Thursday, December 31, 2020
Book #7 from Good Deed Rain in 2020 is RIVER ROAD, published in December. I wrote this one last summer. Nearly every summer I reread Richard Brautigan’s SO THE WIND WON’T BLOW IT ALL AWAY. This time it inspired me to write about a newspaper boy who rides his bike down River Road to deliver the Herald to a ghost town. He never gets to see the ghosts but he does meet a vampire who has a radio station hidden underground. He can tune in while he rides his bicycle at night. He meets Agatha Christie at the library. He has a pet tadpole that is turning into a dog. He steals a hunting cap and regrets it. He gets paid in invisible money. A cowboy makes him a sandwich and warns him, “Beware of River Road!”
Posted by allen frost at 4:50 PM
Book #6 from Good Deed Rain in 2020 is A FIELD OF CABBAGES published in December. This was such a fun novel to create in collaboration with artist Aaron Gunderson. It’s our sequel to our previous novel, THE ROBOTIC AGE (2018). This beautiful cover came about when we were walking our feisty dog back behind Joe’s Garden. This area we live in called Happy Valley (I know, it sounds like a Gene Autry song) was once filled with truck farms, fields and poplar trees. You can read more about that time and place in my novel KENNEDY (2018) and also THE PUTTERING MARVEL (2021). It’s a wonder having this big garden by our house in this time. The sight of it inspired my title.
Posted by allen frost at 11:46 AM
Tuesday, December 29, 2020
BOOK #5 from Good Deed Rain in 2020 is the novel OLD SALT, published in October. The writing was already zooming along when I met Aaron for breakfast and our pilgrimage to the antique store. (That same store also makes an appearance in a previous novel, ISLAND AIR, 2019). There’s a creaky ramp in there crowded with shelves and pictures on the paneled walls. Antique stores are museums and at the top of the ramp we discovered a work of art. The second I saw this sailor painting I knew it had to be the cover and I also knew what the title of the book would be. Being open to inspiration is probably the greatest thing about being a writer, it’s everywhere!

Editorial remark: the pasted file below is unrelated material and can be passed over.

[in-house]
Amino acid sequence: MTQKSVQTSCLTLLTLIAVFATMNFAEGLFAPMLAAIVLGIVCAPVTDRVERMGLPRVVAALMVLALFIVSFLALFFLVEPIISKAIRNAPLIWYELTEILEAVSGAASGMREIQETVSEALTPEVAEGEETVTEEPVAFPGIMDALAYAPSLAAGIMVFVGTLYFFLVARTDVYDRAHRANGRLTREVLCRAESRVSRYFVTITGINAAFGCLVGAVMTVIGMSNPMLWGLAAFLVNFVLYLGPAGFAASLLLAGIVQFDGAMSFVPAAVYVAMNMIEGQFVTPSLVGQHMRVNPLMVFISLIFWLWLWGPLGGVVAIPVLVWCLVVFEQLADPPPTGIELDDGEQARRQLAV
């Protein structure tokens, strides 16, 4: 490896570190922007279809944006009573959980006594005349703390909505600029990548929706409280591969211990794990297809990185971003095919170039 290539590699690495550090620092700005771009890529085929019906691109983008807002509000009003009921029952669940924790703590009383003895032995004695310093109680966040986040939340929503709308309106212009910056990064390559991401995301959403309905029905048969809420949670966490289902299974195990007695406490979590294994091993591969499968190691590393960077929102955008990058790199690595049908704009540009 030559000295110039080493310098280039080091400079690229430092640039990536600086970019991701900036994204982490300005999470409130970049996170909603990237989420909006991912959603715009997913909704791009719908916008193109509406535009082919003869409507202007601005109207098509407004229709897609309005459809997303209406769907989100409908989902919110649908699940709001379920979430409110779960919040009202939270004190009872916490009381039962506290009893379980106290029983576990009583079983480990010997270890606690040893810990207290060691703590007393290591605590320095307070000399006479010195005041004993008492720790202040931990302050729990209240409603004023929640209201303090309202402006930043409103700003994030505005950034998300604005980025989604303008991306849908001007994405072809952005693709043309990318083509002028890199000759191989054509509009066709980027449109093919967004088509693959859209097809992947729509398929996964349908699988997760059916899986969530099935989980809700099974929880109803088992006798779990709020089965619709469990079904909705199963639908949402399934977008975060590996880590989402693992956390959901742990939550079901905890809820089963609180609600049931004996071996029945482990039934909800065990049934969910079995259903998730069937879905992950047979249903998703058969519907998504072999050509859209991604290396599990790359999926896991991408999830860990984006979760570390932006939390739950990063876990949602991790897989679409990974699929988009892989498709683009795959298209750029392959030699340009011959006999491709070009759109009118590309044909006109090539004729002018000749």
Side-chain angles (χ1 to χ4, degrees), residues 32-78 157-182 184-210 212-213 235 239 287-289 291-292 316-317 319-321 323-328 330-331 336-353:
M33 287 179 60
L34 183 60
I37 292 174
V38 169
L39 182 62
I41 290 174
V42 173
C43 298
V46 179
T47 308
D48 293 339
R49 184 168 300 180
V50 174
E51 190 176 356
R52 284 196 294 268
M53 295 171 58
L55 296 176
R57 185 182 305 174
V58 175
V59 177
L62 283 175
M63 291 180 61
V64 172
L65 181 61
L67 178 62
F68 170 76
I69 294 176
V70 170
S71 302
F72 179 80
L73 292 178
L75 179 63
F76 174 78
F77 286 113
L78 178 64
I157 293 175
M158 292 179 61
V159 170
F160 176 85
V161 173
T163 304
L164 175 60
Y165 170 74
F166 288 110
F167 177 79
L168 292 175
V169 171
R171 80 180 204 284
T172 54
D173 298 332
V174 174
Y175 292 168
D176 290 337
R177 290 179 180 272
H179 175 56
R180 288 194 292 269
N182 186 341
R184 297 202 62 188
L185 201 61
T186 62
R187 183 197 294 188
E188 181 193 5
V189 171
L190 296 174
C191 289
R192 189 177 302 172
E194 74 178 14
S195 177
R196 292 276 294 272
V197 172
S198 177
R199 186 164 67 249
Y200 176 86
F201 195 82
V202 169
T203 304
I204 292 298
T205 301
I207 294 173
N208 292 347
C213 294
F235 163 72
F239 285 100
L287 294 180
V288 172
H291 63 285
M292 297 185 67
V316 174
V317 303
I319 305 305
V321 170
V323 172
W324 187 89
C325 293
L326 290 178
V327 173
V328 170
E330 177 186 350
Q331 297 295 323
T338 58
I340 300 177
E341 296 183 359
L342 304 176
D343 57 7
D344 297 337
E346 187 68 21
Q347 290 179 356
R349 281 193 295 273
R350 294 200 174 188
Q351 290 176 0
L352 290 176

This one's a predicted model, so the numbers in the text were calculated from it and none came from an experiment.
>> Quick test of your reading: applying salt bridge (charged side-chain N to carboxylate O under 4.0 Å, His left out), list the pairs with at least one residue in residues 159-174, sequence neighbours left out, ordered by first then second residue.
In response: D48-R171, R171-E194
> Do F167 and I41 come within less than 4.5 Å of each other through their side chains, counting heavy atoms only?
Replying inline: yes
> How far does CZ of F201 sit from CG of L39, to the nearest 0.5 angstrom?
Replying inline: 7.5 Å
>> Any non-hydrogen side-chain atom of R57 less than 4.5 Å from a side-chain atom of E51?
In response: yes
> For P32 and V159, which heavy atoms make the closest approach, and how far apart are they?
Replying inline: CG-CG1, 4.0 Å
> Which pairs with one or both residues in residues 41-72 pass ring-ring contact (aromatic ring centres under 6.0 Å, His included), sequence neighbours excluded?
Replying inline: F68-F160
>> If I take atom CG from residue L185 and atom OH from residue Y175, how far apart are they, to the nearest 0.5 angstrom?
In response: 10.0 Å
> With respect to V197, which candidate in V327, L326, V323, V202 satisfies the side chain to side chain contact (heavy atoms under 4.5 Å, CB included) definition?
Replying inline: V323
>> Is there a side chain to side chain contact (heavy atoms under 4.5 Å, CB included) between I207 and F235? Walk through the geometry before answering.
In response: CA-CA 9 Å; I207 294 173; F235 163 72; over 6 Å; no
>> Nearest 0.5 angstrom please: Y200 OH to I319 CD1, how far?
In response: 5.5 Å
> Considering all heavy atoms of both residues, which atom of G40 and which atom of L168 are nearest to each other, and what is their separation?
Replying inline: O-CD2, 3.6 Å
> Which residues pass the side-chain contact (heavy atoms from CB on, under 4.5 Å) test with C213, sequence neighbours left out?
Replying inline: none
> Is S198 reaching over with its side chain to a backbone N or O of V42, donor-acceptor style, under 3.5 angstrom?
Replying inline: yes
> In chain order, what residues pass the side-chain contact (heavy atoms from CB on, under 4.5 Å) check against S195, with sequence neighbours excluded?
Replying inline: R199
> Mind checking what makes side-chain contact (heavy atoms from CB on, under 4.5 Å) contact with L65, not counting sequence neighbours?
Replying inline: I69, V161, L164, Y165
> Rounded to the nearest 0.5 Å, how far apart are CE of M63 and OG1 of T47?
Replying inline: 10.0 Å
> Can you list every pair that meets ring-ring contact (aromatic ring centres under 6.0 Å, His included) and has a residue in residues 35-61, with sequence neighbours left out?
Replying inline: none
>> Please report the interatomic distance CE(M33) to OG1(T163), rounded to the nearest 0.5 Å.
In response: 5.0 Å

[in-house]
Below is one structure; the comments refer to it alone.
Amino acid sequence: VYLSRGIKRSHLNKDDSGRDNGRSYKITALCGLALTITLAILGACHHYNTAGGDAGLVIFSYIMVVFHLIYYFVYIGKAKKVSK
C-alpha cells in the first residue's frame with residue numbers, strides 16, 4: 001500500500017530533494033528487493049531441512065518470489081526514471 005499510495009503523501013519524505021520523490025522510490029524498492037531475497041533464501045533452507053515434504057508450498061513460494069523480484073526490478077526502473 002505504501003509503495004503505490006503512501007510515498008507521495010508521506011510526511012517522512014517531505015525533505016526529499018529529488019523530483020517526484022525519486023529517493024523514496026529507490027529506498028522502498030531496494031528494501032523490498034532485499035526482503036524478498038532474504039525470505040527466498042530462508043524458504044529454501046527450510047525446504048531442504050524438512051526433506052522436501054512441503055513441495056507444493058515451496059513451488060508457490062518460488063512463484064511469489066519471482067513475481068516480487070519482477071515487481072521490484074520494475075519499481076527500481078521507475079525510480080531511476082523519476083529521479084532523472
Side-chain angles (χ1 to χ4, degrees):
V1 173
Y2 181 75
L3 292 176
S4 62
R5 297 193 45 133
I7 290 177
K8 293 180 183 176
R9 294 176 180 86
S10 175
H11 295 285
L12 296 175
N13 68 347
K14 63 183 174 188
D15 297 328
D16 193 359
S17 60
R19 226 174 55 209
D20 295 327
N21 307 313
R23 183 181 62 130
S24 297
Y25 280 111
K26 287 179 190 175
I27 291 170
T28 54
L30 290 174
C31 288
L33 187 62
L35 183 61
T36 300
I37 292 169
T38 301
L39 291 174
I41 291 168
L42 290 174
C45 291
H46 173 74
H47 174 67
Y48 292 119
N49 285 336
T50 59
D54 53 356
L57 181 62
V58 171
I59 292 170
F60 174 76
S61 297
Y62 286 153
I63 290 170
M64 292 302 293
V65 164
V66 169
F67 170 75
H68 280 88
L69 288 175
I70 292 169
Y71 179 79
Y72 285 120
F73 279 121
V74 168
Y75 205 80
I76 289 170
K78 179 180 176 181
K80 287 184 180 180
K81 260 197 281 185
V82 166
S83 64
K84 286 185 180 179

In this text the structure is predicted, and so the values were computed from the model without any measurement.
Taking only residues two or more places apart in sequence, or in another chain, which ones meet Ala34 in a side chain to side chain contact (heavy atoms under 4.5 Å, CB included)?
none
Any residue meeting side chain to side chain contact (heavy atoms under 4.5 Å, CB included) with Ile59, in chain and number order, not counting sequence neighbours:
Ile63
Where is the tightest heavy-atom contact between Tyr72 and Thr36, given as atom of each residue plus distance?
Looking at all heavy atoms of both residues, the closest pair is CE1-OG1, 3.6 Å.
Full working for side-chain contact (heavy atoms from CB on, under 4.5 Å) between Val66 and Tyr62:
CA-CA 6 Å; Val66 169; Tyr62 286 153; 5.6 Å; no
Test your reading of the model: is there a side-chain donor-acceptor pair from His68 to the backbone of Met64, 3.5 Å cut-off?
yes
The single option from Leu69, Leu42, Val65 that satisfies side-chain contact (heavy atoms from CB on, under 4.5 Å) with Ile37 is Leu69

Posted by allen frost at 11:23 AM
Monday, December 28, 2020
Sunday, December 27, 2020
Book #3 published by Good Deed Rain in 2020. THE TIN CAN TELEPHONE appeared in May. What an adventure this one is. The narrator discovers two cans connected by string that allow him to hear the 1970s of Seattle childhood again. I had a great time writing and illustrating this book. Actually I published 2 books about children this year, this one and RIVER ROAD. There have been others too, ROOSEVELT, KENNEDY, FABLE, THE ORPHANAGE OF ABANDONED TEENAGERS. So many books for you to flip over. And Tin Can Telephone is available from Amazon for only $3! You can’t go wrong. I’d love to know people are enjoying these.
Posted by allen frost at 3:33 PM
Thursday, December 24, 2020
The 2nd Good Deed Rain book of 2020, published in April, is VIOLET OF THE SILENT MOVIES. This one began after a thrilling visit to a local poster collector on Pacific View. Hundreds of 1950s monster movies and the stories to go with them! Also, turns out he is related to the silent movie star Violet Mersereau who features honored on the cover. Knocked for a loop, over 70 poetry short stories followed, including drawings and the cartoon appearance of a trapeze star. I was hoping to create a fun inspired carnival ride for you. (Dip into the penny jar, it’s only $4.53 from Amazon--I don’t know how they do it!) I try my best to keep you entertained.